VCRs are old technology and first tier companies like Sony cannot afford to make them anymore. If you go to Best Buy, Fry's, etc., most of the VCR's have the controls, displays, etc, located in the same exact places (this includes Sony). I don't mean they're all grouped in the same way according to function. I mean they're located in exactly the same spot. The only thing that is different is the shape of the plastic button and the color of the case. This is because they all use the same oem in China. Yes, the oem builds it to their specs (ie. color and logo).
If you want a good one, look for a used one from the early 1990's on ebay, pawn shops, garage sales, etc. The key feature to look for is the words "Made in Japan" on the back.
Though its hard to find Beta tapes anymore..the old Beta machines tended to be rugged as hell. Needed to clean the heads and replace the belts every 5 yrs or so...shrug
"There is no difference between communism and socialism, except in the means of achieving the same ultimate end: communism proposes to enslave men by force, socialism - by vote. It is merely the difference between murder and suicide." - Ayn Rand, from "Foreign Policy Drains U.S. of Main Weapons"
I used to buy all Toshiba equiptment but not anymore. I have had two Toshiba VCR's and a Toshiba TV go bad on me. I can say the TV was 10 years or so old and I had fixed it once before (bad solder joint). I have also had a high dollar Sony VCR fail just out of warrenty and now a nearly new just out of warrenty RCA VCR has quit playing as well. These things must have a timer built into them?? The best VCR I ever had was an RCA from the early 90's (some unknown person borrowed it). Right now I have a Panasonic VCR which seems to be a decent unit, it is 4 head Hi-Fi and it was only 59.00 on sale. It plays as good as any recent VCR I have had although it doesn't record like the high end units. Several years ago I had a guy that was into electronics production/development tell me that most VCR's cost about $20 to produce and bring to the US leaving the difference to what you and I pay as the gross profit that was being made at one time on VCR's and the reason why production moves to the absolute cheapest labor market.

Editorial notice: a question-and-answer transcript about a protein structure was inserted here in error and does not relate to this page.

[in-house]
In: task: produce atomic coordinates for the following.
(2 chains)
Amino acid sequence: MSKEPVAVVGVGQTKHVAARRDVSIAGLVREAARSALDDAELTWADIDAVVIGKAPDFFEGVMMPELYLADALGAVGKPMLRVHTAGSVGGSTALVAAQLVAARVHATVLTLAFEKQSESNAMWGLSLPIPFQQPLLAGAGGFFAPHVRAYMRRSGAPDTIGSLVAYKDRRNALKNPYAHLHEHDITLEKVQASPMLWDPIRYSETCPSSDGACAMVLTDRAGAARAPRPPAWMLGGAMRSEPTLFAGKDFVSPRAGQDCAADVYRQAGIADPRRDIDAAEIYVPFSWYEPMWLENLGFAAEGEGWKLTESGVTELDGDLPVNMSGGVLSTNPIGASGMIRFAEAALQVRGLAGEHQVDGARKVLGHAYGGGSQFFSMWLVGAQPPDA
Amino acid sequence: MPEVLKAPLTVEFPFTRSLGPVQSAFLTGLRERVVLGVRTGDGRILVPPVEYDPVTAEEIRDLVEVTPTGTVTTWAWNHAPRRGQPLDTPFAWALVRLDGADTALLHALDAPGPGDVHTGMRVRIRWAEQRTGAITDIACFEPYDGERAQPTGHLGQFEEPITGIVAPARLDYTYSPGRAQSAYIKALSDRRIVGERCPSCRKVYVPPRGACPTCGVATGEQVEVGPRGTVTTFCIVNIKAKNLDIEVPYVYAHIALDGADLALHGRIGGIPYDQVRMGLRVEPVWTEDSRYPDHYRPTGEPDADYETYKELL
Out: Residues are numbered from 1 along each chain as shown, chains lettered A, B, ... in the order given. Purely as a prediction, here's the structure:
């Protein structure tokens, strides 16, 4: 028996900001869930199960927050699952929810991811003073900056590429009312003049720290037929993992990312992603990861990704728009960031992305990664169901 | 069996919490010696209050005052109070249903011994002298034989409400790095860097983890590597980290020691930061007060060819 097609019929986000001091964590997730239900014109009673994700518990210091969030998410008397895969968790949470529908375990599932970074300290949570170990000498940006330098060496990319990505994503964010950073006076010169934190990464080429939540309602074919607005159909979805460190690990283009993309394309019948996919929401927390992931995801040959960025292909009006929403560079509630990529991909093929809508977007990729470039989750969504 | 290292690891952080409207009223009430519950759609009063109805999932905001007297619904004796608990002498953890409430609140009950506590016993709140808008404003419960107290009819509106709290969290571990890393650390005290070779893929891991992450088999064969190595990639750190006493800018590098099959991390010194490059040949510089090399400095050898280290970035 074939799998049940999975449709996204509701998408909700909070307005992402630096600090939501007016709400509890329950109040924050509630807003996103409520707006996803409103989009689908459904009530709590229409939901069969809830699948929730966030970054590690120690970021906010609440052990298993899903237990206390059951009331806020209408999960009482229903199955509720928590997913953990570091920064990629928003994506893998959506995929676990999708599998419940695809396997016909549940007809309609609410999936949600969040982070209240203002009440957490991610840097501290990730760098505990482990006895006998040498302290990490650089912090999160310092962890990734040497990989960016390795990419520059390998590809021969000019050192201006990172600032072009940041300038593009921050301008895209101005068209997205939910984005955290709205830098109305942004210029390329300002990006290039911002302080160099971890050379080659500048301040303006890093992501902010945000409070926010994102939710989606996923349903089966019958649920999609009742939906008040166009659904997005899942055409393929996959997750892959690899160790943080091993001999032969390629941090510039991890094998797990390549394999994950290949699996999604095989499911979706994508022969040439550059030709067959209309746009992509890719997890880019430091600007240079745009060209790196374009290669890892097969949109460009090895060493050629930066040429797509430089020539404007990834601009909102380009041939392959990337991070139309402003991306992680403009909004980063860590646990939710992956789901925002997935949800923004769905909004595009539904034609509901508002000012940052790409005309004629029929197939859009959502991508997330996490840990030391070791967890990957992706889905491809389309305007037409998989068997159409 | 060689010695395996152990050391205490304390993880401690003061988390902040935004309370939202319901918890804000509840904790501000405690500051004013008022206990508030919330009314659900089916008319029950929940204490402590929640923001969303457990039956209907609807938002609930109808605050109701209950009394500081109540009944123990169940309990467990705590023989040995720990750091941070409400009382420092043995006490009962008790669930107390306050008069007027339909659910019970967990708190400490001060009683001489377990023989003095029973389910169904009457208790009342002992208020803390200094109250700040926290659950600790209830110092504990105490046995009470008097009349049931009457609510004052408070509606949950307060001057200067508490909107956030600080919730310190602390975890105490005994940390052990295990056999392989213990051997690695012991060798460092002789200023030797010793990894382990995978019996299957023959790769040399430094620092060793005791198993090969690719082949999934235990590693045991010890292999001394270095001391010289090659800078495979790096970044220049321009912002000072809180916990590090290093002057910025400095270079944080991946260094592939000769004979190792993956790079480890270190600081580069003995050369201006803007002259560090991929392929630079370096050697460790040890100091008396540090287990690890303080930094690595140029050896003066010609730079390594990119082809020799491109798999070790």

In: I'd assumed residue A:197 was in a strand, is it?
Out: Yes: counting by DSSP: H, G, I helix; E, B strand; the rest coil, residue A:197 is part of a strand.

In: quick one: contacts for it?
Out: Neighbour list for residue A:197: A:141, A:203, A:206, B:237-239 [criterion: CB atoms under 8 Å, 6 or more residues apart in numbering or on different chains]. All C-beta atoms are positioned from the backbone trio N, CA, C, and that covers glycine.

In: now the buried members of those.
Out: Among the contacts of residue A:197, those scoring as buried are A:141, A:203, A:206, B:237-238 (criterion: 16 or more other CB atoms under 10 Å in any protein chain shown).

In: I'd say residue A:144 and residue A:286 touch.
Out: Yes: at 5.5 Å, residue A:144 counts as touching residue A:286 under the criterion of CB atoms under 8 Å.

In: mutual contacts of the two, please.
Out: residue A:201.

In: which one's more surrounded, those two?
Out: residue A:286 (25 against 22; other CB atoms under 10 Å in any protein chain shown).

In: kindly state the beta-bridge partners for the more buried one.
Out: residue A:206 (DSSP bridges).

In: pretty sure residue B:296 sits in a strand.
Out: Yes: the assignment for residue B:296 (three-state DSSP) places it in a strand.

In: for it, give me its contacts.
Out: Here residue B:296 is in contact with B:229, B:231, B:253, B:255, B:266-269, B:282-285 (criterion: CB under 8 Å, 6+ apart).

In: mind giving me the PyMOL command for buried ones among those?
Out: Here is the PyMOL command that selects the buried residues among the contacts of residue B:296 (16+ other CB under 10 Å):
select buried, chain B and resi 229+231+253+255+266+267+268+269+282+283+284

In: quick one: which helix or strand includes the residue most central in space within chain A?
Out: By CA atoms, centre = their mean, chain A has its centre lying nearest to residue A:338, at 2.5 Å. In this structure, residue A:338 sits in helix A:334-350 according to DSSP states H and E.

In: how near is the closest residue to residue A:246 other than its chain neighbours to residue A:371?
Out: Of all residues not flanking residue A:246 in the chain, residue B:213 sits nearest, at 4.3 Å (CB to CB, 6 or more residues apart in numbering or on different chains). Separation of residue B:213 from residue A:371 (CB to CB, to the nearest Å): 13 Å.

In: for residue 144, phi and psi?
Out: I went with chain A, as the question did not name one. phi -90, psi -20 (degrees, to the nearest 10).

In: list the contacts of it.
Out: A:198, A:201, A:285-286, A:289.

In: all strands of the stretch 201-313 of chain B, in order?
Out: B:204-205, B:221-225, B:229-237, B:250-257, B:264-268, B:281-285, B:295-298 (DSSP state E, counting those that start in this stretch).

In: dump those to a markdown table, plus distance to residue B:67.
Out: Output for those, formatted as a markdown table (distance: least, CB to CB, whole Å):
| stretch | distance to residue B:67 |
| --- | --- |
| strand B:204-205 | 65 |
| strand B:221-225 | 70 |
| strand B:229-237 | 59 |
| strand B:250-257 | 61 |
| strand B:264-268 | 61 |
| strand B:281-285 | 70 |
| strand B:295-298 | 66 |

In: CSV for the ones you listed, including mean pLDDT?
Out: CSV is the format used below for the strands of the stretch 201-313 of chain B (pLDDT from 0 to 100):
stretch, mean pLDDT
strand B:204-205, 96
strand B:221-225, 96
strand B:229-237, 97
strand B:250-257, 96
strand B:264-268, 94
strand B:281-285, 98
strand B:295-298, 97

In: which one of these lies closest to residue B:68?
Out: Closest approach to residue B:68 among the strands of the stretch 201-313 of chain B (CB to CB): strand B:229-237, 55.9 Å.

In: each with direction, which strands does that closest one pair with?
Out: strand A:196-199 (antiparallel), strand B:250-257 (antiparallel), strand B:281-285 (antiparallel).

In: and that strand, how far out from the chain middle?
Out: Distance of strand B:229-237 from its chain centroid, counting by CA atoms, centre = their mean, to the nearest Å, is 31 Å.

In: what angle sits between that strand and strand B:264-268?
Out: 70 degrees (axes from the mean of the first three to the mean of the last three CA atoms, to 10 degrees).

We switched to a ReplayTV unit (aka DVR or PVR, modified for no-subscription) about a year ago. A dramatic improvement over tapes, even without the guide subscription. Depending on the recording quality and the size of the hard drive, they can hold dozens or hundreds of movies. There's lots of online support for adding larger drives etc. You can also build your own from an old computer. This site should will get you started if you're interested in trying the technology
On Sun, 15 Aug 2004 07:09:03 GMT, Ernie Leimkuhler calmly ranted:
When's the last time you lubed it?
Tip: Don't ever buy the bottom-of-the-line electronics box. They'll do that. Spend a few more bucks for a better box and it'll outlast everything but bubble gum in the drive. (I'm a tightwad and learned that lesson early on. Go by value instead of price and you'll be a lot happier.)
I was told (when I researched the subject eons ago) that Matsushita made the highest quality tape transports, so I have stuck with Panasonic/Quasar boxes and replace them every decade whether they need it or not.
My current old Panasonic PV-8450 has a variable speed transport with soft stop which precludes gear breakage.
-------------------------------------------------------------------- The more we gripe, *
longer God makes us live. * Graphic Design - Humorous T-shirts